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Do Animals Go to Heaven?

I suppose most Thomists would say that animals do not go to heaven, given that they do not possess immortal souls. This somewhat harsh response is often softened with the assertion that they are not entirely gone in that other animals (like dogs) share their substantial form. Others would say that an animal, like your favorite dog, continues to exist as an idea in the mind of God.

C.S. Lewis remarked that canine loyalty and affection oftentimes put human fidelity and friendship to shame. Because of this he thought that maybe dogs would be allowed to join their masters in heaven. Critics contend that this is just another instance of over-blown English sentimentality.

Why would a priest waste his time talking to people about the fate of dead animals? Well, to be honest, it immediately leads to their views about life after death in general. That is more properly my concern. Animals are often the first reminders to us, usually as children when we have lost a pet, that everything that lives in this world will eventually die. We are mortal. We share our physicality with the other earthly creatures around us. Some, like dogs (and maybe cats), give us great comfort and companionship. They matter to us and so the question arises, is this all there is? Will we see them again? Can we find solace in knowing that all we cherish as good in creation will be reflected back to us in the beatific vision of the Creator?

This post is in response to inquiries about people’s pet dogs and the question as to whether they would be given entry into heaven.  I would move the gravity to stress human immortality and our hope for heaven. Animal substantial forms would continue to exist as paradigms in the divine mind. Anything more would be up to God’s mysterious providence and I would not presume to give an answer where the Church has not. Others are free to speculate, but we will not know anything more for sure until or if we find ourselves among the saints.

It is possible that my view would make some angry with me but I am not mean-spirited. Others come down on the side of continued existence of animals because these creatures are a part of our affection and shared existence in this world and thus, the argument goes, they would add to our happiness in the next.

Certain animal apologists cite Scripture and argue for a literal new earth. Some ridicule the whole notion of an afterlife, for anyone or anything. Others agree with me that the stress has to be upon the beatific vision and how we (people) are made for God.

I would not worry much about the fate of animals after they die. If we love animals we should do what we can now to protect them from abuse and suffering. We live in a world where many species are rapidly becoming extinct.

Further, some may err by the sin of presumption about their own salvation. Are you sure that you are going to heaven? Speaking for myself, I have faith in Christ and try to be a faithful disciple in the Church. I worship God and seek to serve him through my charity and sacrifices for others. However, if people forget God, discount obedience to the commandments, and hate their fellow man… well, they may be in for a terrible surprise!

In any case, there is a growing concensus that the outer circle of hell is patroled by cats.  (Yes, that is a joke!)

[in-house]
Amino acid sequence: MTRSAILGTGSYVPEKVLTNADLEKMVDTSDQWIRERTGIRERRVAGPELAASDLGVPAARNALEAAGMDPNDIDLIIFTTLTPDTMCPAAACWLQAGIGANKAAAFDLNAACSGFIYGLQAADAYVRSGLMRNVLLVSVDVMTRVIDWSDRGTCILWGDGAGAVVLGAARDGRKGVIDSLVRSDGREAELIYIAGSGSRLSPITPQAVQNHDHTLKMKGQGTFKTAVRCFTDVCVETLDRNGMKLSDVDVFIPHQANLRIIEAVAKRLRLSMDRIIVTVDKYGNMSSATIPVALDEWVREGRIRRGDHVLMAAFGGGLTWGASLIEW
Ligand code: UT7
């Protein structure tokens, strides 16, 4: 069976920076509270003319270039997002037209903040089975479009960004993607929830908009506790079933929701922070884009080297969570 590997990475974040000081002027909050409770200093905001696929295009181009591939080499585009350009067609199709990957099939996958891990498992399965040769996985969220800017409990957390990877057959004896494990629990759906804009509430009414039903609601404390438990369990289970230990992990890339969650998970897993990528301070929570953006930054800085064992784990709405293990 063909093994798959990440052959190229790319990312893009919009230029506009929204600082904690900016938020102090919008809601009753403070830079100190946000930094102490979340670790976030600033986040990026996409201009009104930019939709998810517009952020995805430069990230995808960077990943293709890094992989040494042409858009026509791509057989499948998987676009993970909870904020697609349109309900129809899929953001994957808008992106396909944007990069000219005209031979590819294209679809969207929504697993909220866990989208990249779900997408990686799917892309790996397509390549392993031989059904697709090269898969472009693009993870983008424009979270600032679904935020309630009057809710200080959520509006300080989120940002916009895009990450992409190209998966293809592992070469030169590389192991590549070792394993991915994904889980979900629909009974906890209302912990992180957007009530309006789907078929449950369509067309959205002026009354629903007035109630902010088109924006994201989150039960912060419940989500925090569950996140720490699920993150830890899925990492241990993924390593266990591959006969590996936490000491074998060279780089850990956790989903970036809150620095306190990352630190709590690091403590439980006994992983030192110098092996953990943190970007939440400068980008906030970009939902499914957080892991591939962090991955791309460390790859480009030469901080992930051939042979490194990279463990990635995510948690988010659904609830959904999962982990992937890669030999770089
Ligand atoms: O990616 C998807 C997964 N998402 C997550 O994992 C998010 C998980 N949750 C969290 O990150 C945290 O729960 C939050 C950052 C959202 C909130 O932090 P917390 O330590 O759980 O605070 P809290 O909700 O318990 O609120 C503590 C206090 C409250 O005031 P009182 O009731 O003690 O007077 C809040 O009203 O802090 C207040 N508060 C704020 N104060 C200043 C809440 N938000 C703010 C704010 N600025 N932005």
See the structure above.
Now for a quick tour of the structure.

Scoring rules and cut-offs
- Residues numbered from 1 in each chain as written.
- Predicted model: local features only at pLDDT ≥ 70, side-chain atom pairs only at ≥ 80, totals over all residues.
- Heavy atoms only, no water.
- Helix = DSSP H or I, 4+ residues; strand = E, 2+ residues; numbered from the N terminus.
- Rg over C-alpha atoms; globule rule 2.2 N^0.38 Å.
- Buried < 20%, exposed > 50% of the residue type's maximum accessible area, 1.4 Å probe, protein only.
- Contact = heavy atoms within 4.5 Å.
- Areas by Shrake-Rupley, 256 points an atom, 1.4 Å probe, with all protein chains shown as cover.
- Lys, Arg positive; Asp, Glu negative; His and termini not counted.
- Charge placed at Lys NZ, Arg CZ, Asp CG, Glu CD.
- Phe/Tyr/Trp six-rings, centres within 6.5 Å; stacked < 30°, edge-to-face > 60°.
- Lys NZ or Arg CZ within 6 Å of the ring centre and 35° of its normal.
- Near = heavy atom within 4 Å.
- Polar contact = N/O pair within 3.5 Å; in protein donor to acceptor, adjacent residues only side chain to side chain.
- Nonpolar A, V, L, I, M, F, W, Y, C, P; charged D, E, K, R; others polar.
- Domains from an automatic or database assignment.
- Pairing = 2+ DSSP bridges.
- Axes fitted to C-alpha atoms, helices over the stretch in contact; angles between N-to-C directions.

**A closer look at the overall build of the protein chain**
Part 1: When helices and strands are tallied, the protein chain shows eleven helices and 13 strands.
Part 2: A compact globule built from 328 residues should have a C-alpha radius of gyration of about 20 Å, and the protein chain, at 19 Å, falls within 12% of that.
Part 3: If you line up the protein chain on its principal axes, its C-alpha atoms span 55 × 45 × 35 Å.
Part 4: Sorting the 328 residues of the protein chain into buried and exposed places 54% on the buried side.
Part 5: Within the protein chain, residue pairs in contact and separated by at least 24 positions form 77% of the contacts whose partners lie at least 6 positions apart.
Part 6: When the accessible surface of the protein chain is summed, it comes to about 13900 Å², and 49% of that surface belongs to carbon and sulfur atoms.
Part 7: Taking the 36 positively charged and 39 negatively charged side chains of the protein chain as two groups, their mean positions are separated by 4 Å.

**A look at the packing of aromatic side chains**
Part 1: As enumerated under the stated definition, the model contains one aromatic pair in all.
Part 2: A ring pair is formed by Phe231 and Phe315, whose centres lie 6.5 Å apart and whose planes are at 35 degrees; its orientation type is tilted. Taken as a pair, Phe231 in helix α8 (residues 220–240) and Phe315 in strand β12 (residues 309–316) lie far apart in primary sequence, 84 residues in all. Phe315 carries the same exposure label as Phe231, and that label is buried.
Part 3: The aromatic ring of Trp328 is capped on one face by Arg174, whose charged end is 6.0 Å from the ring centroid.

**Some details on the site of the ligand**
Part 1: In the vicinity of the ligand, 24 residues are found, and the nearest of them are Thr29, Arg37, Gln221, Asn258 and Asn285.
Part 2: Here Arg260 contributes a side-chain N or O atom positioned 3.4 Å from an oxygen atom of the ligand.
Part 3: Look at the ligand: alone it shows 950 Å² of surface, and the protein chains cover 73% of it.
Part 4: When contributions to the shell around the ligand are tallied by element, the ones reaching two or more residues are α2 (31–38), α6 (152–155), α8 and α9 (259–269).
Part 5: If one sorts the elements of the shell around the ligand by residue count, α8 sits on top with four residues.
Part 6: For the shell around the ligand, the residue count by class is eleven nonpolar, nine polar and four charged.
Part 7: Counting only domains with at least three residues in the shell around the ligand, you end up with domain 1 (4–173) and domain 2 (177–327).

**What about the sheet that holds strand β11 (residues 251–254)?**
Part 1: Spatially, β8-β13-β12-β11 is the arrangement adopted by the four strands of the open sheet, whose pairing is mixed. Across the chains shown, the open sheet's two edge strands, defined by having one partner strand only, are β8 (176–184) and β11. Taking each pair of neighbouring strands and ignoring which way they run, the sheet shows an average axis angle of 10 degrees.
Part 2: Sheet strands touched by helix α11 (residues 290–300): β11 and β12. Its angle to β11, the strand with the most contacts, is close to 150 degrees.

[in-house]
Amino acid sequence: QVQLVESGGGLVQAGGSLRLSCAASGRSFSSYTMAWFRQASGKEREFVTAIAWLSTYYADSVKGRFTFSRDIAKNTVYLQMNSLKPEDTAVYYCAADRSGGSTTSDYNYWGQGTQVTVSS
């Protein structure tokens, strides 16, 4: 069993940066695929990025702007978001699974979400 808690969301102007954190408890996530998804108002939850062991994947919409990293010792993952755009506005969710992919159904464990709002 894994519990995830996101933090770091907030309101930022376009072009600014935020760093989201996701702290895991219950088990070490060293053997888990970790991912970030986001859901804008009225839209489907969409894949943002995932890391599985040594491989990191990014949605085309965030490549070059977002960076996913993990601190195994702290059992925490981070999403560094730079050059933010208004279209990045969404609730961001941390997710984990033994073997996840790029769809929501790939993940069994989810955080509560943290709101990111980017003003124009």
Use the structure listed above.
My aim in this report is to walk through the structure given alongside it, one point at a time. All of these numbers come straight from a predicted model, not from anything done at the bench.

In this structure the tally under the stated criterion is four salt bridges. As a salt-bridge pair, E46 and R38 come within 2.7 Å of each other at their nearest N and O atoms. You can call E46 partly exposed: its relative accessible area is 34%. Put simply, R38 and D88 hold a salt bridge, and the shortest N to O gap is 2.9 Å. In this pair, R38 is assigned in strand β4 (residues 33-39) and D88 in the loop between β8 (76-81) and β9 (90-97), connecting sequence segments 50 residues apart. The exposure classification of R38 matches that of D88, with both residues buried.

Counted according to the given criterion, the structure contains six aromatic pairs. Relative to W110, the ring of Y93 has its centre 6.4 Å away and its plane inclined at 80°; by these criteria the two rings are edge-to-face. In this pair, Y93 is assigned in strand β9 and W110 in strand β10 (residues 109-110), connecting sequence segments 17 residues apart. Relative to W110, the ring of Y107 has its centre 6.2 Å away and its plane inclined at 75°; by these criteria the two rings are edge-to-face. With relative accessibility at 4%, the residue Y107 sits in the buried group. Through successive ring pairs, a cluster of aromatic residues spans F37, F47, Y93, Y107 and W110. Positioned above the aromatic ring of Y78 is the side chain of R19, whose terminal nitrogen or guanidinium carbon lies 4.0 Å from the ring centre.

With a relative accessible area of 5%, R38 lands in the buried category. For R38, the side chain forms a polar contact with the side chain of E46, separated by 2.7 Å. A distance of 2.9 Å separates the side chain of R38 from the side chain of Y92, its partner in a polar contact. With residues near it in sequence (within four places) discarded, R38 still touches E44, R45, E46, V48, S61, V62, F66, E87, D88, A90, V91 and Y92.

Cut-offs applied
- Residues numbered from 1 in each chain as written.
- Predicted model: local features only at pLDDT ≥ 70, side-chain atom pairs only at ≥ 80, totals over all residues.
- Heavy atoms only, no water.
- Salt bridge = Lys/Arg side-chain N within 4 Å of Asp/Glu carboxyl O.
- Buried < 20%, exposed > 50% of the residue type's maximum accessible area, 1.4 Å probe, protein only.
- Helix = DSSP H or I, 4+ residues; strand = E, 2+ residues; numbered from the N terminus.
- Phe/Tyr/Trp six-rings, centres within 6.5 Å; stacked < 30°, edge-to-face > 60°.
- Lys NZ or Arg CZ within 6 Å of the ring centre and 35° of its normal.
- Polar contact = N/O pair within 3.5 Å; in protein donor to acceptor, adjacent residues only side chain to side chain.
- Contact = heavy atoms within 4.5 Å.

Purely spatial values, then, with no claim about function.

31 Responses

  1. “Heaven won’t be heaven unless my pets are there to greet me.”

    For a lot of people, they learn to love through their first pets. “Love is patient, love is kind. It does not envy, it does not boast, it is not proud. It does not dishonor others, it is not self-seeking, it is not easily angered, it keeps no record of wrongs. Love does not delight in evil but rejoices with the truth. It always protects, always trusts, always hopes, always perseveres.”

    If you can not call your relationship with your pet a concept of love Father, perhaps you shouldn’t be fathering pets or people through life. God is love, and if we love our pets, the same as we love people, we are caring for something selflessly, without material or false value. Heaven is where we all look to God in awe, perhaps we are also looking at our pets, as they were made in the eyes of God.

    FATHER JOE: Loving your pets is an entirely different subject than the matter of eternal life. Men and women are made in the image of God, not animals. We share in God’s likeness through grace. Animals do not receive sacraments. The Church gives no definitive answer to the question of animals and an afterlife; the emphasis of the Gospel is redemption and new life for men and women who believe in Christ. Off course, not even all men will go to heaven. We find animals useful for companionship, for work and for food. Nothing is lost or forgotten in the Creator’s mind, but human immortality is also personal and self-conscious. It is regarded as on an entirely different order.

  2. I am going to take the child like stance on this——-if Heaven is perfect (WHICH IT IS) then our furry friends and other non-human friends will be there with us.

  3. Additional Comments to This Topic #2


    My half Great Dane / half Boxer died two weeks ago; his name was Jack.

    I believe all of us will be reunited with our pets in heaven when we die. Actually, the question should not be if we will see our pets in heaven, but if our pets will see us. I say this because humans are God’s only creation that sins.

    Here are a few citations from the Bible some of you may like to read:

    In Psalm 145:-9-10,13,15-21 – God loves all His creation and has made plans for all His children and the lesser creatures to enjoy His eternal Kingdom.

    Genesis 1:30 – To every animal of the earth, and to every bird of the heavens and to every creeping thing on the earth, in which is a living soul.

    W. A. C.: